Since the introduction of Vision 2030 by Crown Prince Mohammad Bin Salman (MBS) in 2017, Saudi Arabia has witnessed significant transformations. The policy paper evaluates the socio-economic and political changes in Saudi Arabia, focusing on the period leading up to 2025, a crucial benchmark in the Vision 2030 timeline. The paper categorizes risks into social, political, economic, and geopolitical domains, assessing them with a five-tiered system ranging from low to high. Key findings include:
Social Risks (Medium to High): The Sunni-Shia divide, particularly the marginalization of the Shia minority, poses a high risk of social conflict, potentially escalating to civil unrest. The paper also highlights terrorism and resistance to education reforms as other significant social risks.
Political Risks (Medium to Low): Internal dynamics, such as potential coup attempts and reactions to democratization efforts, present medium risks. The likelihood of foreign sanctions against MBS is considered low.
Economic Risks (Medium): Unemployment, particularly among youth, inflation, and structural weaknesses in the economy, are identified as key economic challenges.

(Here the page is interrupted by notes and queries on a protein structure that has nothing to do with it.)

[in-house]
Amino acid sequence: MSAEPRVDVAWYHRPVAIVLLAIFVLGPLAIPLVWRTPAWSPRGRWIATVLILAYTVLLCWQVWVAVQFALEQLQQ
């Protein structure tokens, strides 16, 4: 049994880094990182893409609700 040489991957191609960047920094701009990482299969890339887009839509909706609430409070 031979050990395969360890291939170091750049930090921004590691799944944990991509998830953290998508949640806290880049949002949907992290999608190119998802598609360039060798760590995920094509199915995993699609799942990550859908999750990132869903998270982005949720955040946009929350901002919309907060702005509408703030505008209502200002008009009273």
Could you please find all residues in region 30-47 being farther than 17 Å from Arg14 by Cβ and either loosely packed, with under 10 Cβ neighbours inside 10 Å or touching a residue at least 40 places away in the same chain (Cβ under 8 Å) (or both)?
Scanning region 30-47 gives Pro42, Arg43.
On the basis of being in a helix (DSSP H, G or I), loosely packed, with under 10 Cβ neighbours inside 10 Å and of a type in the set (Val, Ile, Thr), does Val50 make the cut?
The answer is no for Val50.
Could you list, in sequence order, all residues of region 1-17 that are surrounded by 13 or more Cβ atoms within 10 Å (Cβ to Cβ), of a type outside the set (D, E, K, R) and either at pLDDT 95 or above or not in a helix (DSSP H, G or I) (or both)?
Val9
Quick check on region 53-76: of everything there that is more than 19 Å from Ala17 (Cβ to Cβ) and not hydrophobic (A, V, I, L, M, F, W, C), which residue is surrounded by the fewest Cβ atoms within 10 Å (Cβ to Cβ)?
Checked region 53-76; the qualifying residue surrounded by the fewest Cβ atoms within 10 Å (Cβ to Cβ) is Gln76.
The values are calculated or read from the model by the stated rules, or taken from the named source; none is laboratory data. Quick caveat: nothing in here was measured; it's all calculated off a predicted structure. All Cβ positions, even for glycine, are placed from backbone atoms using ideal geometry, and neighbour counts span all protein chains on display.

Geopolitical Risks (Medium to Low): The ongoing tensions with Iran, involvement in the Yemen conflict, and fluctuating U.S.-Saudi relations are highlighted as primary geopolitical concerns.
The paper recommends multinational corporations consider entering the Saudi market but advises against establishing operations in Dammam, given the high risk of the Shia-Sunni conflict in the Eastern provinces. Instead, cities like Jeddah are suggested as more viable options. The paper concludes that while Saudi Arabia presents balanced risks across various domains, careful navigation, and strategic planning are essential for successful engagement in the evolving Saudi socio-political and economic environment.
Main Author: Zhuangyan Shi
Co-authors: Shujia Zhang, Weifeng Xu, and Leah del Fierro
Research Paper Type: Middle East Policy Report
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